Strinich is friendly and talks a mile a minute. There's an IROC Camaro done up in CHP livery over our shoulders. I ask him why all the cop cars.
"I like anything with a story, and all these cars have documented history."
Strinich used to spend his time hunting down and restoring rare muscle cars for the Barrett-Jackson crowd, but he got tired of forking over big money for a rusty shell of a car.
"I started thinking about what would be cool to a guy who learned to drive in 1990, you know? After all the Chevelles and Yenkos were gone."
If I'm any litmus, he's hit his mark. I can't pull my eyes off the black and white four-eye in front of us. It looks identical to the notchback my dad drove when I was a kid, and when Strinich pops open the driver's door, I'm hit with a flood of memories of riding shotgun in those hideous cloth-and-vinyl buckets. I'm in love.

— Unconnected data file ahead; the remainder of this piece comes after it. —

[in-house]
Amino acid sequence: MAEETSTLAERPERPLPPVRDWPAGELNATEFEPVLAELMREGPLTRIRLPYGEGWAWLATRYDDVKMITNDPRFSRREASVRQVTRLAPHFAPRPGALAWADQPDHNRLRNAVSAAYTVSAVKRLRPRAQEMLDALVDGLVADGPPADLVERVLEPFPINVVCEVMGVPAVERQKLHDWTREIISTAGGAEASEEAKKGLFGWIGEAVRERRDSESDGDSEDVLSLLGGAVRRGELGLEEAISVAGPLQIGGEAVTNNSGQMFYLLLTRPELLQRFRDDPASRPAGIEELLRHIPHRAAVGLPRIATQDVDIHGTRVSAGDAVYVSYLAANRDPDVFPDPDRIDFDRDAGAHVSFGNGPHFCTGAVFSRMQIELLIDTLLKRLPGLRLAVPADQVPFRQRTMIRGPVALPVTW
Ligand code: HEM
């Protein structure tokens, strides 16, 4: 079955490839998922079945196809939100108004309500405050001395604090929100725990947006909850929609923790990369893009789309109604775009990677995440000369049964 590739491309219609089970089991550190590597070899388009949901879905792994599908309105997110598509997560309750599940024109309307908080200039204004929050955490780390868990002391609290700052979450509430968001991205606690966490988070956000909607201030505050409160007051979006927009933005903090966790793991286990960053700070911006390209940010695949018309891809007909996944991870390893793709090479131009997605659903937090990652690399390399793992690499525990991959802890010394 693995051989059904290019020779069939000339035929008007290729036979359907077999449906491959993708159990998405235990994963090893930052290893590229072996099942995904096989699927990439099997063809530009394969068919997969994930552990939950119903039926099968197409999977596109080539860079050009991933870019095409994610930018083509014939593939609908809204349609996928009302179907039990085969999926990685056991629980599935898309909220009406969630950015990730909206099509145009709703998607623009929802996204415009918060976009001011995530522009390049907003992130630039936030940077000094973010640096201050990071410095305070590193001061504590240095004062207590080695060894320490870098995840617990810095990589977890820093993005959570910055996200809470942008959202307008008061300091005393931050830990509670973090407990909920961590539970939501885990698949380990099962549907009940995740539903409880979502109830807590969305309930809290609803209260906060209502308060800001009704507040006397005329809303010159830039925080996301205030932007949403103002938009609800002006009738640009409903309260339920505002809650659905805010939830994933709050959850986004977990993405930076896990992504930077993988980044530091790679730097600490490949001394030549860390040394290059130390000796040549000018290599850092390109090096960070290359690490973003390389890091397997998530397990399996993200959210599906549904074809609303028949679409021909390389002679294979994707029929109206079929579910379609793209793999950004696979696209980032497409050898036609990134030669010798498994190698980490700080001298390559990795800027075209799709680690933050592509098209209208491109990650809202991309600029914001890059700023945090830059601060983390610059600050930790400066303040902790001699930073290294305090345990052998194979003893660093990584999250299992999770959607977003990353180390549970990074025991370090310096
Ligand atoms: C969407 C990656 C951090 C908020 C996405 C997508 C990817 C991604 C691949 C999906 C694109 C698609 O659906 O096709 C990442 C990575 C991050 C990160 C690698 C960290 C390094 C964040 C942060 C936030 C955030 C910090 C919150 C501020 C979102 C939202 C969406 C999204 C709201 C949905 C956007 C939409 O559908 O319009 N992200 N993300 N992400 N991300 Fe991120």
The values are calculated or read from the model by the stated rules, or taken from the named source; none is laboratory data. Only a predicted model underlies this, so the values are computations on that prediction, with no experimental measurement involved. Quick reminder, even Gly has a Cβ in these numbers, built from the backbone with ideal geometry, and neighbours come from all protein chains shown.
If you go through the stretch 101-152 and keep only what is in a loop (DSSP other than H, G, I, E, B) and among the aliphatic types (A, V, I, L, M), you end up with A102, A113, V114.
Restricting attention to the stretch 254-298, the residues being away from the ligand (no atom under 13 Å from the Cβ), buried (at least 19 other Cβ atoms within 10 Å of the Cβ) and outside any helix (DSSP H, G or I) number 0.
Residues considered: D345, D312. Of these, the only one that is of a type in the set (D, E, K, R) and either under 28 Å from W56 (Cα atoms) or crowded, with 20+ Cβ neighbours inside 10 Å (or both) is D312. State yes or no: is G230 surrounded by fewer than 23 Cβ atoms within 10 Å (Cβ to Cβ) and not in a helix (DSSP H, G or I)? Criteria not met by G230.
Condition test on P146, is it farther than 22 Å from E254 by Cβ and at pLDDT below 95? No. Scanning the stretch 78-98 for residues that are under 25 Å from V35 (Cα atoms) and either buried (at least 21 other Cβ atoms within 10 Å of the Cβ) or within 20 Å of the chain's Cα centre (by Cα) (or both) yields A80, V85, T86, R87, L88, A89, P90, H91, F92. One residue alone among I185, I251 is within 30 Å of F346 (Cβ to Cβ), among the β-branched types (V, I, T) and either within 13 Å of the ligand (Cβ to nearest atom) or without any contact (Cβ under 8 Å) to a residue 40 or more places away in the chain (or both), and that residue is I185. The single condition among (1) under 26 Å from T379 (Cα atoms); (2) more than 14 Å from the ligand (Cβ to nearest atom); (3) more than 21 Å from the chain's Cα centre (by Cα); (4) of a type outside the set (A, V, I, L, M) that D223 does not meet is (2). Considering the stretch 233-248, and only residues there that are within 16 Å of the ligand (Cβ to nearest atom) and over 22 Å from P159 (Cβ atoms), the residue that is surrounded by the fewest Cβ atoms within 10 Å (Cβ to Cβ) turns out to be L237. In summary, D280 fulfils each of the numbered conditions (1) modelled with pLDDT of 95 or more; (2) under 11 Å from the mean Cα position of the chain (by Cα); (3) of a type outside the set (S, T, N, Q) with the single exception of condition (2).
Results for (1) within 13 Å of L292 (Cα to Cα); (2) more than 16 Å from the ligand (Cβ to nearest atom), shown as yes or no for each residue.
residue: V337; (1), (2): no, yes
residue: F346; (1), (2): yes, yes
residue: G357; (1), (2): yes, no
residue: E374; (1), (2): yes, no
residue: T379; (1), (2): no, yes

There's no telling the horrors this car has endured at the hands of who knows how many police driving instructors. Strinich says he doesn't know how many engines, transmissions, or rear ends the car has had. He does know that the old four-speed manuals were notorious for welding themselves together under high-speed reverse maneuvers.
He tosses me the keys, and I settle into the driver's seat after a quick tutorial on the ancient four-point harness. The car starts after just enough cranking to make me think that maybe I'll have to walk. It settles into a comfortable idle under the shriek of a tortured throw-out bearing. I'm grinning as I pull out of the neighborhood and onto the main road, the old 302 bellowing with more boast than brawn. In a dead heat, I'd put a dollar on a Corolla outgunning this sucker to 60 mph.